OKLAHOMA -- From a distance, the doll looks like any other, but then again, so does 6-year-old Harper.
"What does she have on her head that you have?"
"A hair bow," Harper replies.
"No, look at her ears."
Up close, something stands out.
Harper has had cochlear implants since she was one. She loves playing with dolls, but they never quite looked like her -- despite her family's efforts.
"They said they just couldn't really make an accessory for every disability, and so we had to take a different route," said Harper's aunt, Lindsey Sanders.
American Girl makes hearing aids for dolls, but it's not quite the same thing. That's when Sanders looked to the kids in the STEM program at Choctaw High School.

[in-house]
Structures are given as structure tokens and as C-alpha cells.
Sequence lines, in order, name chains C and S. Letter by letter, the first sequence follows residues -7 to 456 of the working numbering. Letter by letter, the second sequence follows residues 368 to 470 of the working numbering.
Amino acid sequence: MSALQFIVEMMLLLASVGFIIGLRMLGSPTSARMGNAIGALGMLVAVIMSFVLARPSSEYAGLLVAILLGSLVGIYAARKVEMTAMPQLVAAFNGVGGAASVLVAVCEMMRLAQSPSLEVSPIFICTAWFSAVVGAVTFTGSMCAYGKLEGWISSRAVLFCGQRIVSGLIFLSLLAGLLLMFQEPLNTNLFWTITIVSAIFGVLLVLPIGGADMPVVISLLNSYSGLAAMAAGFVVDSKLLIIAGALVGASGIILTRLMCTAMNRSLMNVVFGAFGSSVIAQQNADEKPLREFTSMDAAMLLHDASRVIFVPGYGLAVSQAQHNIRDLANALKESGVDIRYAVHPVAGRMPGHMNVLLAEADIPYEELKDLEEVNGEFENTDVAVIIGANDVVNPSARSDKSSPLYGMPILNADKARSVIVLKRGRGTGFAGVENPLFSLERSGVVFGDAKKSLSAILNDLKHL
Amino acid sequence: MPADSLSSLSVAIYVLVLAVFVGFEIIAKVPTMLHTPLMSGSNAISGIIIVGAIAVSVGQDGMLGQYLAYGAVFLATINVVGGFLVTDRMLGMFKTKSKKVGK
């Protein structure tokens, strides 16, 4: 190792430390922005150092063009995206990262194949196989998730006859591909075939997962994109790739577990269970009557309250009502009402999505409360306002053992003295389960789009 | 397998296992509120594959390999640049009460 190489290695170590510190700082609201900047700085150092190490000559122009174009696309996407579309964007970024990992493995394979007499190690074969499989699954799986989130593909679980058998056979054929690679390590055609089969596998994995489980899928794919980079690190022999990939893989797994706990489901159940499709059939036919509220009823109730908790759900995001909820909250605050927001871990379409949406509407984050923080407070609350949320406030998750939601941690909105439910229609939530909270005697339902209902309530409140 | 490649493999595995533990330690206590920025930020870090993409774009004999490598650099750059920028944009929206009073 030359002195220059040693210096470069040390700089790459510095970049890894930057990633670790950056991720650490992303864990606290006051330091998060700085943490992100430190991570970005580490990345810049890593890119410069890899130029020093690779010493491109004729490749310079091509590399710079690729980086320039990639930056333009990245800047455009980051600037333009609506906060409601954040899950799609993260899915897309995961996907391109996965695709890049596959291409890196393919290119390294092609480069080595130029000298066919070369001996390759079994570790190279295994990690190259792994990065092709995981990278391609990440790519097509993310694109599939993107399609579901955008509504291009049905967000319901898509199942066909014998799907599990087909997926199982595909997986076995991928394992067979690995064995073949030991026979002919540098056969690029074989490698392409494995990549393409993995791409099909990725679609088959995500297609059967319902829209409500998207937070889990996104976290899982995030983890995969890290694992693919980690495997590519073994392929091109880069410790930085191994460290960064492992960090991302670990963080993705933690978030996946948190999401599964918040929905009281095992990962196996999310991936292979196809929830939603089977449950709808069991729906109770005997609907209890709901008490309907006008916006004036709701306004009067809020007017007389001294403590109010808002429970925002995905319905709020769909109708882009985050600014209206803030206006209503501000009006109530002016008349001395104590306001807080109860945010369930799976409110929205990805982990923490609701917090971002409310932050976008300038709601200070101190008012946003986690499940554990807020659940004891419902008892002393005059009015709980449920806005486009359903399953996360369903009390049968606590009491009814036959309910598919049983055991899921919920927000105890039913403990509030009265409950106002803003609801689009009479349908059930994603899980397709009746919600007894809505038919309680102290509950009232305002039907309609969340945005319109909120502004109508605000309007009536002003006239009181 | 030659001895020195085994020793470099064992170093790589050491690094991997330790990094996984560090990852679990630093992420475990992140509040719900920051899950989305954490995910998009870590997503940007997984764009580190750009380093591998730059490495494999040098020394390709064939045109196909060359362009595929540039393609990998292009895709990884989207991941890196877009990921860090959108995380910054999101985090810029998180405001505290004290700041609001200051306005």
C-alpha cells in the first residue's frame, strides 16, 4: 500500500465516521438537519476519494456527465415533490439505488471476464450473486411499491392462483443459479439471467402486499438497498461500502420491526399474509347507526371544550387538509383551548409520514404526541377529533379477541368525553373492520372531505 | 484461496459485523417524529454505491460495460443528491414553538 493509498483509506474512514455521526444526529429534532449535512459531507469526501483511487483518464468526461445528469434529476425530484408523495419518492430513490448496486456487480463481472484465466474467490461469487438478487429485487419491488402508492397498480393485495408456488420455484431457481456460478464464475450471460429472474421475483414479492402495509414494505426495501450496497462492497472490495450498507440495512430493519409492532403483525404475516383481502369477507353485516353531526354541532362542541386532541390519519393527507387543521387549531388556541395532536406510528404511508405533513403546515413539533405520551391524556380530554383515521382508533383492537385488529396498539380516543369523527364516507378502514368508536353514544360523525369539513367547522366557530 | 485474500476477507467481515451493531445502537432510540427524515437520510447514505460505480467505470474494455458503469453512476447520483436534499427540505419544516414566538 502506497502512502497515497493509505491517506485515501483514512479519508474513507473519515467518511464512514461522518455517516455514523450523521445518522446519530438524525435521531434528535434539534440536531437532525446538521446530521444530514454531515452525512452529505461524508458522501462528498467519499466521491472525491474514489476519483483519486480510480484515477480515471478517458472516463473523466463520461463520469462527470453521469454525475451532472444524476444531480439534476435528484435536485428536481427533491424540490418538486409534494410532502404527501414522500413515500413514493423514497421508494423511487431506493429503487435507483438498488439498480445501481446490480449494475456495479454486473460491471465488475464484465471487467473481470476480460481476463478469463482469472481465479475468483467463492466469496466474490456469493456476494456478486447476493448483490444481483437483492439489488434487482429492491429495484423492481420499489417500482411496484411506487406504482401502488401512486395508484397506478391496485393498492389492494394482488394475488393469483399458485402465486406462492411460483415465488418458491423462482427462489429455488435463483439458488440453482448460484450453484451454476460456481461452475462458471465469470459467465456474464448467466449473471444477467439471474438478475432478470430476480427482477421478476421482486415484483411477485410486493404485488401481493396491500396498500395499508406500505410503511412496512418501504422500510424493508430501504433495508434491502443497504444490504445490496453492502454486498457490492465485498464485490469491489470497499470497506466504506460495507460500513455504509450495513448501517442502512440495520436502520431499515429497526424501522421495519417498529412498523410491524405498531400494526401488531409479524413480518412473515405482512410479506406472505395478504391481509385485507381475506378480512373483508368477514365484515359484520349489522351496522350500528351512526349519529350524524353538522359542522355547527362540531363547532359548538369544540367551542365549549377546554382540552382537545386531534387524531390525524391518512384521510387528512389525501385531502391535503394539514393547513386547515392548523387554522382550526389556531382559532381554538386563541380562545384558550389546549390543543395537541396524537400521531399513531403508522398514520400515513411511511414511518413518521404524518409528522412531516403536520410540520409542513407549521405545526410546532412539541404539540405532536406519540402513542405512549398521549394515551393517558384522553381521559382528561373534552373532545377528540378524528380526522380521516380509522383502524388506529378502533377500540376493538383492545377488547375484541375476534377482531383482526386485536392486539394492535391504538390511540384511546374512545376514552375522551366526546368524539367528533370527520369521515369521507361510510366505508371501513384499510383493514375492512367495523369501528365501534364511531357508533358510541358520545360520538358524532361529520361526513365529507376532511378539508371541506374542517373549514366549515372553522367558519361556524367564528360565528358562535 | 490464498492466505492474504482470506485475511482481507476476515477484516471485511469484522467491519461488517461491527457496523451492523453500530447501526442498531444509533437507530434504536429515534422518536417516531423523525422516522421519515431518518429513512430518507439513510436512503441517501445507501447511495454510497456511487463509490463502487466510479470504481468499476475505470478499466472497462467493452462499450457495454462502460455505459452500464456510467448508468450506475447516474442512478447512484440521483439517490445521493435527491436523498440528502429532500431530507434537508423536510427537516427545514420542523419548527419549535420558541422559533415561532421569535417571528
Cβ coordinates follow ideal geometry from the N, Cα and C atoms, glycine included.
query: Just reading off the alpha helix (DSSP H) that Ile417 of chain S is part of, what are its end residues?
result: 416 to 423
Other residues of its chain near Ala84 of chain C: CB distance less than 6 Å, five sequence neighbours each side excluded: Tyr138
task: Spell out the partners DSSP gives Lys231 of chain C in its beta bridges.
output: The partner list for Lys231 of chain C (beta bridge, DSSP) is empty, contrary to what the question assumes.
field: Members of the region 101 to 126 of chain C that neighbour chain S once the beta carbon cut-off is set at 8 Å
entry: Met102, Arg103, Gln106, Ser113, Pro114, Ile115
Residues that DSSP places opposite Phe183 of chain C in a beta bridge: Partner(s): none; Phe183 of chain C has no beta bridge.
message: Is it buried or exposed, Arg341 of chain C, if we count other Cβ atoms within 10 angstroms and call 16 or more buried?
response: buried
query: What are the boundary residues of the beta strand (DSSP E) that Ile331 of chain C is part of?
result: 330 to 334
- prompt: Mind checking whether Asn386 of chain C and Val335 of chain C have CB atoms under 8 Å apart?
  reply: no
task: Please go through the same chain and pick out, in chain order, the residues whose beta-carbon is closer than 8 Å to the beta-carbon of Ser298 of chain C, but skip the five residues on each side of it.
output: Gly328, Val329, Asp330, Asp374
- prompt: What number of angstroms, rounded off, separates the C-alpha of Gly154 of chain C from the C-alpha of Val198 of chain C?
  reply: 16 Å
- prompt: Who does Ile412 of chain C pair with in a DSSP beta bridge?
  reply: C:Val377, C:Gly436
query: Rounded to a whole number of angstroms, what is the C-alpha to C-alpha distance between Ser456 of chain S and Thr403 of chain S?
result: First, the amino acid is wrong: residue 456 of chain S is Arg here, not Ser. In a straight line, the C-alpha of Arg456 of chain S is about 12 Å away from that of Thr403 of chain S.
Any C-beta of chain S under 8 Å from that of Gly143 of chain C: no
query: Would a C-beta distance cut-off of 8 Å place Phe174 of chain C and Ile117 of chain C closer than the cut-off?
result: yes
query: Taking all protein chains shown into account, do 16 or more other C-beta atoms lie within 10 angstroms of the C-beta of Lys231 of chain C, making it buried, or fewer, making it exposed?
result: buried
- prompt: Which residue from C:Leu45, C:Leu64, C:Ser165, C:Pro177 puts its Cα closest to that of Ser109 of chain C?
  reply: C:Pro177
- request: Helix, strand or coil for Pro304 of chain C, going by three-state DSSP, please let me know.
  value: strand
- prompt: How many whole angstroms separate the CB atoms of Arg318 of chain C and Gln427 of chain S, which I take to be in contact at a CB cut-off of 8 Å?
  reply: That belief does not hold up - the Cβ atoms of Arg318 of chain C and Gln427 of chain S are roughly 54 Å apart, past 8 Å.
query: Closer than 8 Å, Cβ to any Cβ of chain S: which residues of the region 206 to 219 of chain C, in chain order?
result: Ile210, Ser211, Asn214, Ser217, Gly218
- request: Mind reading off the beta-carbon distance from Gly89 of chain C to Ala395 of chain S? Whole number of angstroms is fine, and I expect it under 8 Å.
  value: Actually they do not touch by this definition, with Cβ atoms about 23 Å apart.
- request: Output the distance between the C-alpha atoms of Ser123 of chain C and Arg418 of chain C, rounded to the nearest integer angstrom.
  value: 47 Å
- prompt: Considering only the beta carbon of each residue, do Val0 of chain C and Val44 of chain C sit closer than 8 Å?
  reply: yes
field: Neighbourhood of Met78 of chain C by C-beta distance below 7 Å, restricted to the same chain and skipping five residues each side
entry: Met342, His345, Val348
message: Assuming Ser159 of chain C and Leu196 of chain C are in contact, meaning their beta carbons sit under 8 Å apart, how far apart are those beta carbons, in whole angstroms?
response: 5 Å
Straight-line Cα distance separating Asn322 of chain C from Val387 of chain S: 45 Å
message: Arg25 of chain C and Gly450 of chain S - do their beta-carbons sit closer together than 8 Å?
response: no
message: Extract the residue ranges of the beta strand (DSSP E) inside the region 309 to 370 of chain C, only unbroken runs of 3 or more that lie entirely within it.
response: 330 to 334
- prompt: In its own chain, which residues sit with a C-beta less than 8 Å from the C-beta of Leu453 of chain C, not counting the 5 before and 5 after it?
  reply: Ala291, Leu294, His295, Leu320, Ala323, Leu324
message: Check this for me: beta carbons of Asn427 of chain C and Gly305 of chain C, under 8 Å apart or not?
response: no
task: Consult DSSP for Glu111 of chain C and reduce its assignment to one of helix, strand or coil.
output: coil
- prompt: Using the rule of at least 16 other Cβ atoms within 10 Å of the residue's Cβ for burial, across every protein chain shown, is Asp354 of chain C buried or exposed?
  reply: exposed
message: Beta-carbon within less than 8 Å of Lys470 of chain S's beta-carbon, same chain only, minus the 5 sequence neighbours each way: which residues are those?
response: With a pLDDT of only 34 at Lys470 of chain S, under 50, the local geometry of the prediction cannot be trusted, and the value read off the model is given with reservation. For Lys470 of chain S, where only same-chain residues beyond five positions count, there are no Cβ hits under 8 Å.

Will Archer, who's on his way to MIT next year, had the answer.
"I knew my sister had one, so I came home and borrowed it from her the next day and brought it to school, and then we used a caliper to measure the ears."
Despite getting some funny looks as he carried the doll to school, Archer used his spare time to input the design in a 3D printer, which laid down the plastic in layers to match the dimensions.
"After it was printed we did sanding and filing to make it on there perfectly."
He also made a second set fit for a larger doll.
Sanders said she was blown away with the result.
"I don't know that every high school boy is willing to say, 'Oh yes, let me make a doll accessory for someone I don't even know."
But Archer said this is his proudest work yet.
"Someone is using it. it's not just statues."
As for Harper, she's thrilled with her new doll.
"Now I have a doll just like me."